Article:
# Waveguide problem help

1. Homework Statement
Consider a vacuum filled infinitely long metal cylindrical waveguide of radius, a. Suppose the fields in the waveguide are as follows:
$$\vec{E}=\vec{E_{0}}\left(s,\phi\right)\exp i(kz-\omega t)$$
$$\vec{B}=\vec{B_{0}}\left(s,\phi\right)\exp i(kz-\omega t)$$

Find $E_{0z}$

2. The attempt at a solution

Usually when i post my questions ill have a clue as to what to do. But this time around i have no clue whatsoever.

Since it is a metal waveguide we can assume that hte parallel component of E and the perpedicular component of B is zero.

The E0 given to us depends on s and phi. But this doesn't mean that it only has s and phi components (?)
$$\vec{E_{0}}=E_{s}\hat{s}+E_{\phi}\hat{\phi}+E_{z}\hat{z}$$

But what now? How could the Laplacian be useful? Since there is no charge
$$\nabla \cdot E = 0$$ so does that imply
$$\nabla^2 E=0$$?
So if we did that we would get
$$\frac{1}{s}\frac{\partial }{\partial s}\left(s\frac{\partial E_{s}}{\partial s}\right)+\frac{1}{s^2}\frac{\partial^2 E_{\phi}}{\partial \phi^2}+\frac{\partial^2 E_{z}}{\partial z^2} = 0$$

Since they are all equal to zero should be use separation of variables to solve this? I think we hav to use Bessel functions? But the Laplacian would solve for the potential, not the electric field?

Related Advanced Physics Homework Help News on Phys.org
This is a coax cable? Couldn't you simply project the radial (s) unit vector onto the x unit vector?

This is a coax cable? Couldn't you simply project the radial (s) unit vector onto the x unit vector?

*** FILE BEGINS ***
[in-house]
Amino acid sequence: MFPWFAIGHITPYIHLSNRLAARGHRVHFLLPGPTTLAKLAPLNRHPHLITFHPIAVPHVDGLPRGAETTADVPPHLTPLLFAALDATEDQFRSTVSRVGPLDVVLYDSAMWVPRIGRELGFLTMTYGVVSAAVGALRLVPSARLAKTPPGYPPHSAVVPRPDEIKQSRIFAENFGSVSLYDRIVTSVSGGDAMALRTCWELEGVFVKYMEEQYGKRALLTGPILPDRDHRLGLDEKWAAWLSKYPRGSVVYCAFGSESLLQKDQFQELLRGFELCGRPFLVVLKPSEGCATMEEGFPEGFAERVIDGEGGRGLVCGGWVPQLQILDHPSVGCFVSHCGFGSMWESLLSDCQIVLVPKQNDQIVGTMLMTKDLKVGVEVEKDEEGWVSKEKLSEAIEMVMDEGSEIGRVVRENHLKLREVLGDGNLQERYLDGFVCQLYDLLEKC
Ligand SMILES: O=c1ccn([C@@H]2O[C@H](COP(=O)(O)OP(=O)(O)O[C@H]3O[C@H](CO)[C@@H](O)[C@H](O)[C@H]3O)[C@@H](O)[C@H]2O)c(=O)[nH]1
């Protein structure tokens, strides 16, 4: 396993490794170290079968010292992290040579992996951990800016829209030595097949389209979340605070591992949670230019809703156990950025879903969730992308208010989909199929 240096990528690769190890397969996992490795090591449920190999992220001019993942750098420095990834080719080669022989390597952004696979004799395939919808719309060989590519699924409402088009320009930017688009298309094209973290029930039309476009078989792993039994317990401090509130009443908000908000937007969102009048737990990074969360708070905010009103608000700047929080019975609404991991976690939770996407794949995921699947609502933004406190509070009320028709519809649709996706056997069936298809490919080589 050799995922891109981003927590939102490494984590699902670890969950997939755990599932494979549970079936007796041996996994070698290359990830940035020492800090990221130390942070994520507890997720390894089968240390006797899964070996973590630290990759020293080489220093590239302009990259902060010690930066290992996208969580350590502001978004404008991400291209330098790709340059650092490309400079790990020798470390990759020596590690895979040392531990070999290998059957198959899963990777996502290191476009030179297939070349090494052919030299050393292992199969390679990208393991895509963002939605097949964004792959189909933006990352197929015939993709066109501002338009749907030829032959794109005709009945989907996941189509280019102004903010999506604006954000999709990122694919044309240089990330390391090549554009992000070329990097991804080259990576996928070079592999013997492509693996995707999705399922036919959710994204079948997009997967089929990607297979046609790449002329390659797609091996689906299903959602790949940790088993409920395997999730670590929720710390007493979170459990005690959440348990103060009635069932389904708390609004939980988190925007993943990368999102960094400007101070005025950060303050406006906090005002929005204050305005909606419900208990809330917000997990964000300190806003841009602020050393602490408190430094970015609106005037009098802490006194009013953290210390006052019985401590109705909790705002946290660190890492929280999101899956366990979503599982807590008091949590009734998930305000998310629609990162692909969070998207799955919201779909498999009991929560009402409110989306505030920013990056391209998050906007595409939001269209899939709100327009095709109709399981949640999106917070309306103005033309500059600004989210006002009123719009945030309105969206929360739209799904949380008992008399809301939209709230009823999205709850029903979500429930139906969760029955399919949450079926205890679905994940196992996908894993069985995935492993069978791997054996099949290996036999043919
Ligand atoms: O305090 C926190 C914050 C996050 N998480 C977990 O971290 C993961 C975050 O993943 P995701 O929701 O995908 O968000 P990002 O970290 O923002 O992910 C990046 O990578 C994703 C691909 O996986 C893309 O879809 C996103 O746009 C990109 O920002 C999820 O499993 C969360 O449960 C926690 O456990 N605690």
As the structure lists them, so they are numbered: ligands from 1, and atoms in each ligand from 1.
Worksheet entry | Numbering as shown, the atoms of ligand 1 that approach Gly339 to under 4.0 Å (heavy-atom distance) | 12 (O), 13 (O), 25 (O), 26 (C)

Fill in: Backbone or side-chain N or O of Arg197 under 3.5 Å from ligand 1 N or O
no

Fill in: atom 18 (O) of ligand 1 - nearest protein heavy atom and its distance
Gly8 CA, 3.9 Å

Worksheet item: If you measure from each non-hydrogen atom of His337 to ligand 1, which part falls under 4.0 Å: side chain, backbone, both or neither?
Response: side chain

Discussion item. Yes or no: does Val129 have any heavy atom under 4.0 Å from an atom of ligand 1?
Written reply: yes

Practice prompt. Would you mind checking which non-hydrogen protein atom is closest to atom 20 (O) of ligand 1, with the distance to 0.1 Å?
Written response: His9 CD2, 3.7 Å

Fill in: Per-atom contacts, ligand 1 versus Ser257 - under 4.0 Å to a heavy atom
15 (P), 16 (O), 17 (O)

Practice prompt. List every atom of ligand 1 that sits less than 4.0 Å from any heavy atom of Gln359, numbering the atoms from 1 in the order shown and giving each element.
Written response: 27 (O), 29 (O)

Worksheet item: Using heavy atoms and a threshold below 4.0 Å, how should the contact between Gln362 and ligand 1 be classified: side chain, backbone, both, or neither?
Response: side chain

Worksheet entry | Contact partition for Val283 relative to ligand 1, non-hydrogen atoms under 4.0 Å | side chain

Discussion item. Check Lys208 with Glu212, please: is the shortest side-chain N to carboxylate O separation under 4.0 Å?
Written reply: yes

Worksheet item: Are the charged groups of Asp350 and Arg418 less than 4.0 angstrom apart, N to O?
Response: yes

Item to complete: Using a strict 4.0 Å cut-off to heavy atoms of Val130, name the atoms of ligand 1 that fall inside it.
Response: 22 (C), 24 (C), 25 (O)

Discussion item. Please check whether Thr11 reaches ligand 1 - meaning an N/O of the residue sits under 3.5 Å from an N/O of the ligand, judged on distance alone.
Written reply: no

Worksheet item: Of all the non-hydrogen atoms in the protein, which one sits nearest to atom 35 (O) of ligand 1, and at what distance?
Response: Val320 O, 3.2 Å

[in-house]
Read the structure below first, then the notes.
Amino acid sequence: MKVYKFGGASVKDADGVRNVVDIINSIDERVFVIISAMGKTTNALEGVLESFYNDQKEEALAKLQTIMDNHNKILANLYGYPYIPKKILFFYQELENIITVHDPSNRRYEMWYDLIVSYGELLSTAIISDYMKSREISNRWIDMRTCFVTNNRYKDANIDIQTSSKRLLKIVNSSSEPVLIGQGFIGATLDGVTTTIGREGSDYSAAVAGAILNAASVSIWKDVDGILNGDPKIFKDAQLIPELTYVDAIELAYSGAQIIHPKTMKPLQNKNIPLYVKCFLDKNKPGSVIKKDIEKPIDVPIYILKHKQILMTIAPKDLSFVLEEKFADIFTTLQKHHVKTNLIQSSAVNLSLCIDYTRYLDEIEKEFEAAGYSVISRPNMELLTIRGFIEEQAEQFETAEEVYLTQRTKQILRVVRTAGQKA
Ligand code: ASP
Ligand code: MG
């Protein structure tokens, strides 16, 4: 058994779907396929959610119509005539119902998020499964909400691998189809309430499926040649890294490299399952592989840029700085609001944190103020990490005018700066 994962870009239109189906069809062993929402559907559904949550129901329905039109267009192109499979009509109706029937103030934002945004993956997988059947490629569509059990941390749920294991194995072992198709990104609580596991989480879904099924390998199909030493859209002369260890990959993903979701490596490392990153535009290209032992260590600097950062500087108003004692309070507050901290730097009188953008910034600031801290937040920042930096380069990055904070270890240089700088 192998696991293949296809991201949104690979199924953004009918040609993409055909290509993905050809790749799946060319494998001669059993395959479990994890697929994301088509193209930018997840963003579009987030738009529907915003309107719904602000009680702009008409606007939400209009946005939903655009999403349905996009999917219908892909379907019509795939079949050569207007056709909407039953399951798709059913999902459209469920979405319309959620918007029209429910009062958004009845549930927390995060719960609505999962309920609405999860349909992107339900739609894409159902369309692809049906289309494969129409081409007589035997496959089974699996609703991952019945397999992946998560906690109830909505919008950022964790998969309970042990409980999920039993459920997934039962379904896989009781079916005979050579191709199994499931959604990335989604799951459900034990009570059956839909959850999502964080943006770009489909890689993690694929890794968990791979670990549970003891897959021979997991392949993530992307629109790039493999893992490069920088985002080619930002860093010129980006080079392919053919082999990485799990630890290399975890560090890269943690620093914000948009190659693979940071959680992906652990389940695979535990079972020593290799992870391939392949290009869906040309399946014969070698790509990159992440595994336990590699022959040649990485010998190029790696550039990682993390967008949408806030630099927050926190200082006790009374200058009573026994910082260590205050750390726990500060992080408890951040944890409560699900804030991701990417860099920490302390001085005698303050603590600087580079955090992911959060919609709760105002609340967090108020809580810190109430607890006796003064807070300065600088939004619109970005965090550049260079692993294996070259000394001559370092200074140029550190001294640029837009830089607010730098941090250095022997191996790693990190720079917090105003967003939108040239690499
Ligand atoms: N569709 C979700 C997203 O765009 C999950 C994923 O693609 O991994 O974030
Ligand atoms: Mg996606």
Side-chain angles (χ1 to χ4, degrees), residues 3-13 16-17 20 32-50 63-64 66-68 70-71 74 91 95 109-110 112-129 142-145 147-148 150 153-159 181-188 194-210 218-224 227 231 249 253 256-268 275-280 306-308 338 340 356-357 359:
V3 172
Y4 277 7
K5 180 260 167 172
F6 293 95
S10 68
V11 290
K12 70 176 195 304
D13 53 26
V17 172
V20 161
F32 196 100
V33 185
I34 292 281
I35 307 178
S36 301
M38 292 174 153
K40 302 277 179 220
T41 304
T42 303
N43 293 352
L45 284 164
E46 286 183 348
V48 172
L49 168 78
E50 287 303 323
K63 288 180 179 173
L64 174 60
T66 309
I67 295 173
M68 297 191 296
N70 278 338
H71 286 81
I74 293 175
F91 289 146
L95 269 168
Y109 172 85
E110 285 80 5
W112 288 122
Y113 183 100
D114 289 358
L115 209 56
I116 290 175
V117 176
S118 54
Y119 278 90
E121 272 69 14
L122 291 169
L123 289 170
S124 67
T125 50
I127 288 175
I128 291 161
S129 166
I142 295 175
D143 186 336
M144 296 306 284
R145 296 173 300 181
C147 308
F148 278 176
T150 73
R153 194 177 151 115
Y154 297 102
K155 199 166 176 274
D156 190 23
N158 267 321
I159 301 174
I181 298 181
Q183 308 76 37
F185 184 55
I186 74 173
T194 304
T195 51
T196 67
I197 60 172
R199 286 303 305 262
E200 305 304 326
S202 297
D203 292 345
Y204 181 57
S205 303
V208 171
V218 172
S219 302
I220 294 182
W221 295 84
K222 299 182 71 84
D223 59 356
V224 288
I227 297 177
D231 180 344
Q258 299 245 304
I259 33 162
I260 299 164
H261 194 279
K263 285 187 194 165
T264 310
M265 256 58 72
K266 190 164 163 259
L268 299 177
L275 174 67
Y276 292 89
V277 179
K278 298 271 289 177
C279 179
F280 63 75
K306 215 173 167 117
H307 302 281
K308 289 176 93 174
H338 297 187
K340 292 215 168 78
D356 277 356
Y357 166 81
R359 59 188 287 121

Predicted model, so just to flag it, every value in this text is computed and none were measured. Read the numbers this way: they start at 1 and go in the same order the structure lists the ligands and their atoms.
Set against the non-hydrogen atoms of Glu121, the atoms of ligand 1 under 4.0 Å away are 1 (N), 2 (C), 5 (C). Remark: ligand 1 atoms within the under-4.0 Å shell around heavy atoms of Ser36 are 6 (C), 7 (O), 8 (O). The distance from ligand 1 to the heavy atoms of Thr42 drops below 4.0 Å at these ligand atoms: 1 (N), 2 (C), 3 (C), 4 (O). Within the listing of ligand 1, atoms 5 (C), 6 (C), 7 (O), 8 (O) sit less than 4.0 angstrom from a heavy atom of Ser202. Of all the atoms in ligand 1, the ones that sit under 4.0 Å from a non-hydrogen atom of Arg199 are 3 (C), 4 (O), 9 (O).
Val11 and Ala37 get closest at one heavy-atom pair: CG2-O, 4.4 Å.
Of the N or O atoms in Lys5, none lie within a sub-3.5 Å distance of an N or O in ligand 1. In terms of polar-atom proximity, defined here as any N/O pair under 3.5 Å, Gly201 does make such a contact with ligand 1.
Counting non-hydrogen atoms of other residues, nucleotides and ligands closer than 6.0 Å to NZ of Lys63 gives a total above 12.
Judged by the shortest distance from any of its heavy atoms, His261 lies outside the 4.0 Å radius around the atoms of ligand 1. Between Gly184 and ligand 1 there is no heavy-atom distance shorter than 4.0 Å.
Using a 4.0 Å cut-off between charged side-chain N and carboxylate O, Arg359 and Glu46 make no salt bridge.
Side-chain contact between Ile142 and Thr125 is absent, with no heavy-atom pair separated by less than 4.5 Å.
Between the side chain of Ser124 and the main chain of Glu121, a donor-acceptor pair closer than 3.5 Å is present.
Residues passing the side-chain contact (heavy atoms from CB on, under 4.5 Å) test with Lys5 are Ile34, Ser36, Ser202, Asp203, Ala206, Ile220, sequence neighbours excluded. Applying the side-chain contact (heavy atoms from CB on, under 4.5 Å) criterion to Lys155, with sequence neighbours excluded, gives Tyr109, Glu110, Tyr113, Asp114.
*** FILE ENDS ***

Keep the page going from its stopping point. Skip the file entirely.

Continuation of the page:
i dont understand what you mean

so instead of s i would write xcos phi?

but wouldnt that just make things messier?

can anyone else provide some input?

pam
You have to know whether it is a coaxial cable or not.
If it is not a coaxial cable, you must know whether it is TE or TM.

You have to know whether it is a coaxial cable or not.
If it is not a coaxial cable, you must know whether it is TE or TM.
it is not a coaxial cable

it is just a hollow pipe with the fields as stated above

it is not specified if it is a TE or TM wave as well

pam
The solution is a Bessel function times a Legendre polynomial.
If it is TM, the Bessel must vanish at the surface.
If it is TE, E_z=0.

We didnt study Bessel functions in our class... and he put this on our exam...

im looking at the general solution of laplace equation in cylindrical coords but the boundayr conditions imposed are

$$u(s,\theta,0)=u(s\phi,\pi)=0$$
$$u(a,\theta,z)=g(\phi,z)$$
this is from my PDE book and they go on to solve that

but here we are talking about a conductor so
$$\hat{n}\cdot (\vec{B}-\vec{B_{c}}) = 0$$
$$\hat{n}\times (\vec{E}-\vecE_{c}}) = 0$$

wjhere E is the electric field on the conductor

so then our boundary coniditons will turn into (if u=E)
$$u(a,\theta,z) = 0$$
$$u(s,\theta,z) = \vec{E_{0}}(s,\phi) \exp i(kz-\omega t)$$

is this the right way to go?

pam
$$E_0=J_m(ks)\cos(m\phi)$$, and $$J_m(ka)=0$$ determines k.
I was wrong about the Legendre polynomials. They are for spherical coords.

$$E_0=J_m(ks)\cos(m\phi)$$, and $$J_m(ka)=0$$ determines k.
I was wrong about the Legendre polynomials. They are for spherical coords.
how did u get that?

is that the electric field $E_{0z}$??

pam
It is E_0z in your equation.
If you separate the last Eq,. on your first pulse, you get the cos(m\phi) from the angjular equation. Then the radial equation is Bessel's equation.
You need to look at a math physics or EM text.